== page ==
Thank you to Chinatown Community Development Center and the Urban Institute (namely, Erika and Deland) for facilitating this summer experience. I loved the breadth w/ which we got to experience and see urban studies – from transportation justice to affordable / public housing to sustainability.
It makes me realize how different public service can be. Growing up in the Bay Area, as the son of software engineers, I was a bit disillusioned by private sector work and the prospect of working in the Bay Area – I was drawn, perhaps by the dreams of my father, to the prospects of public service – of working in government, of serving the people. Yet, my dreams manifested in such a different light – in enlisting in the military, in going far away from home for naval training, and for the next 6+ years – going wherever the Navy will call me. It is so different from municipal governance and community service at the grassroots level – embedding yourself into a community to fully know its alleyways (in acknowledge of the nooks and crannies of Chinatown), to canvass the streets to talk to citizens, to advocate for disadvantaged communities right here at home.
And somehow, going to the Navy fulfills it in a different way. I thought a lot of the movie Southside With You which recounted Barack Obama’s earliest community organizing days – and the disillusionment Michelle Robinson recounted in her corporate law work. In the Navy, we worked w/ people – trained them, disciplined them, held them accountable – which was so different from the vote canvassing, civic organizing, community engaging that characterizes public service at the community / municipal level.
So, I really appreciate Urban Institute for finally opening the lens into what public service back at home in the community looks like.
My first big surprise going through Urban Institute is that of a personal reckoning – that being Chinese-American truly is not as monolithic as Dougherty Valley High School / San Ramon. It was the first time that I really interacted with Chinese folks at a much lower socioeconomic stratum than the residents of San Ramon – folks who were monolingual (and that language not even being Mandarin), citizens who didn’t have much education, residents who experienced food insecurity and needed the food bank, and public housing tenants. Meeting Gordon Chin was the first time that I met a Chinese-American around my parents’ age – indeed, in San Ramon, I had hardly met a Chinese-American, born and raised in the States, above the age of 40. It made me wrestle w/ my Chinese-American identity – that Chinatown was not just a fun center of culture and dim sum, but historically a ghetto to protect and harbor Chinese immigrants in a hostile America.
My second surprise going through Urban Institute is that of a personal-societal, micro-macro conflict w/ which I try to understand socioeconomic inequity. As a Christian, I know that Jesus’s treasure were the sick, the poor, the widows, the children, the homeless – and I do spend some efforts to personally reach out to the ignored, the dismissed, the disadvantaged. Yet, the Academy instilled in me this sense of personal discipline, of holding people completely accountable to their decisions – I still remember when we had a military trial, and the presiding officer directly named the defendant’s fault as a “character flaw,” pinning responsibility on the defendant. Yet, I have taken Causal Inference in the Graduate School of Education, and I am continually shocked by how much a person’s background covariates (to include race, ethnicity, zip code of birth, parents’ usage of alcohol or drugs, generational incarceration or addiction) can predict a subject’s future outcomes. I understand that there are systemic reasons for generational poverty, crime, and inequity. Yet, I found myself struggling to understand how and what community programs can do to systematically solve problems of inequity. How can low-income programs be continually tied to mechanisms of socioeconomic mobility? How can reparations not only close the income gap but also start closing the wealth gap? In no way am I discounting programs to house the currently homeless, transportation / programs discounts to help low-income residents, but what can be systemically done to close such inequity?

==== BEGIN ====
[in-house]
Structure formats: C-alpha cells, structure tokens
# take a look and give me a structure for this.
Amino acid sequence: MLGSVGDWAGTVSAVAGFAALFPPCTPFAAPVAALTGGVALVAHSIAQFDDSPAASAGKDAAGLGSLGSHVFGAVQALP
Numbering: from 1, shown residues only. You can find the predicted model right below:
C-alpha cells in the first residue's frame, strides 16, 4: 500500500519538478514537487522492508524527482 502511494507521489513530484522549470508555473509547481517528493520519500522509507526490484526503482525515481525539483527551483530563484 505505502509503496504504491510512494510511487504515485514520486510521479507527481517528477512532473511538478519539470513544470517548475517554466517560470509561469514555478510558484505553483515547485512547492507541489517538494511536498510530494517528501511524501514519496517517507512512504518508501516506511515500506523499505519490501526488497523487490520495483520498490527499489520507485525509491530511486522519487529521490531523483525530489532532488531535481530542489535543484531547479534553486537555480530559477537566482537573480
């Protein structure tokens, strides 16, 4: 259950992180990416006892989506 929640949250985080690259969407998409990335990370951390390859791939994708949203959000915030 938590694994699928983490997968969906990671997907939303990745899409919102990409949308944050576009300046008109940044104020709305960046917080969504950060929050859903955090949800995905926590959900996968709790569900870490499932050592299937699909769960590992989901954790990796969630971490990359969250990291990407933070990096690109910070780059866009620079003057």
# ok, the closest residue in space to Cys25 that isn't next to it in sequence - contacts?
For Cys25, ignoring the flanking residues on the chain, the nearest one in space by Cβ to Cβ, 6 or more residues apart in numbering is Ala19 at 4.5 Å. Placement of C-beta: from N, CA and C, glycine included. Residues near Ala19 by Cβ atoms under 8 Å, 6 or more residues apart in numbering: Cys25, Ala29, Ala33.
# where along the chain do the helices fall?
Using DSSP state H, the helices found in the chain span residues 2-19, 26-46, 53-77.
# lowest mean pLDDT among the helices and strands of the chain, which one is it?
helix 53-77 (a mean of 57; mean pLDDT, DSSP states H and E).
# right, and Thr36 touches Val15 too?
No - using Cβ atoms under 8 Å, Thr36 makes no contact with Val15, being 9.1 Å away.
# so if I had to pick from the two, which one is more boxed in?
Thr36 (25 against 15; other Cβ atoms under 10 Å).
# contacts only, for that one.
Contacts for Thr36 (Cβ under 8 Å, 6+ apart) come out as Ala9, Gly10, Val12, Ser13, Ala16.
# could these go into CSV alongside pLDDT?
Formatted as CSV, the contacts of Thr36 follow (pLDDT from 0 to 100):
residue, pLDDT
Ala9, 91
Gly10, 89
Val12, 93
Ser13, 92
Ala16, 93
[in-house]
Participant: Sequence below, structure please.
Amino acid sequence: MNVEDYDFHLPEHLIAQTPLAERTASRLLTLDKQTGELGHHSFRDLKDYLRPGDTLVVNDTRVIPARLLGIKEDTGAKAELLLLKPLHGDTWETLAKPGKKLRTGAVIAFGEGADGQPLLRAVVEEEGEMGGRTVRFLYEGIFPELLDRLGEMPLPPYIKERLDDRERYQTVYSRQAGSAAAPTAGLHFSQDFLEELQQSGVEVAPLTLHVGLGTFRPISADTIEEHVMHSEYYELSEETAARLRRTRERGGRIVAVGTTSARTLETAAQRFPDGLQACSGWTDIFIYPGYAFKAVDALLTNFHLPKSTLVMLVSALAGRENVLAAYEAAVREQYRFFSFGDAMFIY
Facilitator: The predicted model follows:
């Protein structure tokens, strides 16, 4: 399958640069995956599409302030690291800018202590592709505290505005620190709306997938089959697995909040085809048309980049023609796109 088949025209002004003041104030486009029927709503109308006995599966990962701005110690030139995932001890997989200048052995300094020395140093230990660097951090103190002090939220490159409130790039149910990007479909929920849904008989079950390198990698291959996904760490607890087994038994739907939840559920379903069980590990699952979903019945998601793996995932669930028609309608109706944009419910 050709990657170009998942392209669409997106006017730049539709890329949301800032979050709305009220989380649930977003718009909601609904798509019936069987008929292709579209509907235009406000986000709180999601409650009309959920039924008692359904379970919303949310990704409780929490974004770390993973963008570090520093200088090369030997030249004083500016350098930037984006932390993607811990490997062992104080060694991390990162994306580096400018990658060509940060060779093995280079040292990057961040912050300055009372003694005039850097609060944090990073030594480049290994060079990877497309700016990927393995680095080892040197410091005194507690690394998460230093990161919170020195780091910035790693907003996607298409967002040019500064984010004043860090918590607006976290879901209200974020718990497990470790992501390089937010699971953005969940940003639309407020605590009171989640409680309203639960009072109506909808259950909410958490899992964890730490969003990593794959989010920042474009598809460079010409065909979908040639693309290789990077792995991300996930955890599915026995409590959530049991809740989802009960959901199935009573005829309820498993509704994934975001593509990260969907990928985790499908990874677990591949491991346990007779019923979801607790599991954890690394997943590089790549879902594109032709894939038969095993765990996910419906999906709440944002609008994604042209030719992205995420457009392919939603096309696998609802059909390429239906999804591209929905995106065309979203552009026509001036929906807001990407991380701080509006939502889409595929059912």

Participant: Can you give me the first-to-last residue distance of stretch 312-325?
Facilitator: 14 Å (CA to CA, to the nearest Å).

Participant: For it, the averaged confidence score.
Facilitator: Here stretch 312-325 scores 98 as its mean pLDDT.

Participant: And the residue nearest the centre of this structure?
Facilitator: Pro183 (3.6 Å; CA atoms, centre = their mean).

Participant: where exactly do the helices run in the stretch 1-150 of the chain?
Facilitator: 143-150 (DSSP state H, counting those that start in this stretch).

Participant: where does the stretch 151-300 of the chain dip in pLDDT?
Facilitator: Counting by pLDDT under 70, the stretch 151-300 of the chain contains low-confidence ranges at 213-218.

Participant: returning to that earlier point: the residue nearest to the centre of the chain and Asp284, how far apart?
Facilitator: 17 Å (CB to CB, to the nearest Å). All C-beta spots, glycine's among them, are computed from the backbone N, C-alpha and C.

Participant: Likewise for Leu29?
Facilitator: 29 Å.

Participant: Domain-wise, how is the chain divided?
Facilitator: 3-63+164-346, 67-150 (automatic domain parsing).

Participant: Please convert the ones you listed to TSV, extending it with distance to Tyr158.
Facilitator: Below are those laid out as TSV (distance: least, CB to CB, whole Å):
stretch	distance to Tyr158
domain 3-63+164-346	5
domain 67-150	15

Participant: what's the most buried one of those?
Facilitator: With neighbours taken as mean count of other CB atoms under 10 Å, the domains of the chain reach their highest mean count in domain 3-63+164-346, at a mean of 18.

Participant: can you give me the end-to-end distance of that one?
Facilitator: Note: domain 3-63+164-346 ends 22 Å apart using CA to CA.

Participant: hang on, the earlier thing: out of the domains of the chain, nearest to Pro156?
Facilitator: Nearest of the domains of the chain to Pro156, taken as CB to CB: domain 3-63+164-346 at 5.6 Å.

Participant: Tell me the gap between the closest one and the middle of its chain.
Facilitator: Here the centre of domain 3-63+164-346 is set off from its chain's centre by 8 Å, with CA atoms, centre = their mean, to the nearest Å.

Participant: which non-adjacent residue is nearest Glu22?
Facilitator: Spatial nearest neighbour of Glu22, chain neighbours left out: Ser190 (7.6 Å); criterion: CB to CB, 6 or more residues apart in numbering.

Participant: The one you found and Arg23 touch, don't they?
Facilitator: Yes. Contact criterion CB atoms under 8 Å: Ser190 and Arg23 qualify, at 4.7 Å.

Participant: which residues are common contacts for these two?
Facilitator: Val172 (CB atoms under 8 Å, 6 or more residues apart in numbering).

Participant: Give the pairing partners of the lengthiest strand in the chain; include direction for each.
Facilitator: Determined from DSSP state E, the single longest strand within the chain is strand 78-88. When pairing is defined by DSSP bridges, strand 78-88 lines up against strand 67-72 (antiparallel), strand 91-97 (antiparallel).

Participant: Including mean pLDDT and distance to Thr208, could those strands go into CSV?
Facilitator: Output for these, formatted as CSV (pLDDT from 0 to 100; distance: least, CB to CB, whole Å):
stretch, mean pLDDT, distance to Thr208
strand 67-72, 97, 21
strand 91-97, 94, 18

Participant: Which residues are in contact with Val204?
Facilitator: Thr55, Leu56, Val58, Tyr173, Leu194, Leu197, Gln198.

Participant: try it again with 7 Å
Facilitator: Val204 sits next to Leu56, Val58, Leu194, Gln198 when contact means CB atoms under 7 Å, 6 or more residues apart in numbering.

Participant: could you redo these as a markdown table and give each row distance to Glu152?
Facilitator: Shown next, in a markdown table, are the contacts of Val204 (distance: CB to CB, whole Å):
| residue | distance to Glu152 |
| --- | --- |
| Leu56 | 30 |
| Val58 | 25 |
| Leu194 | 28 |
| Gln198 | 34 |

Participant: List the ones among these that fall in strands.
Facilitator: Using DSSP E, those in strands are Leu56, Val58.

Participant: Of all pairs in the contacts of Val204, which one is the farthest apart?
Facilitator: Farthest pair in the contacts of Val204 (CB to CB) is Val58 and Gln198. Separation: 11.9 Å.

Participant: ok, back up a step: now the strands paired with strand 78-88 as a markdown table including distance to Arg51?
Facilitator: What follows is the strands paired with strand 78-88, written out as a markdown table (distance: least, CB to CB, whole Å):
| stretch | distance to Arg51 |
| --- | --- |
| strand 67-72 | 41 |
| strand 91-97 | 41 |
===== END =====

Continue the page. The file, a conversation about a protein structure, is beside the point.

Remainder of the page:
I appreciated Urban Institute for bringing together so many different stakeholders – from those sitting in City Hall to those conversing w/ the homeless, from real estate developers scouting out public housing to residents service managers directly interacting w/ the residents, from transportation advocates to transportation planners, and of course, the Urban Institute fellows, this younger generation of college-aged folks who most likely will proceed into this pipeline of urban studies. From spending four years at the Academy to immersing myself for two years into the tech bubble at Stanford, I appreciated a change of pace in interacting with students and practitioners of tough and complex social policy and dynamics.
One last interesting take-away for me is to open up my eyes to what I could do in community service in the future. Even though I must return to the Navy for the next few years, I look forward to coming back to the San Francisco Bay Area – a place that is worth fighting for. It might be a role as a consultant or data analyst for transportation planning or housing research, it may be as an academic in urban studies or policy experimentation, it may be as a teacher or education administrator, it may be in law enforcement – but this place is home and I am proud to call the Bay Area a good place to live and home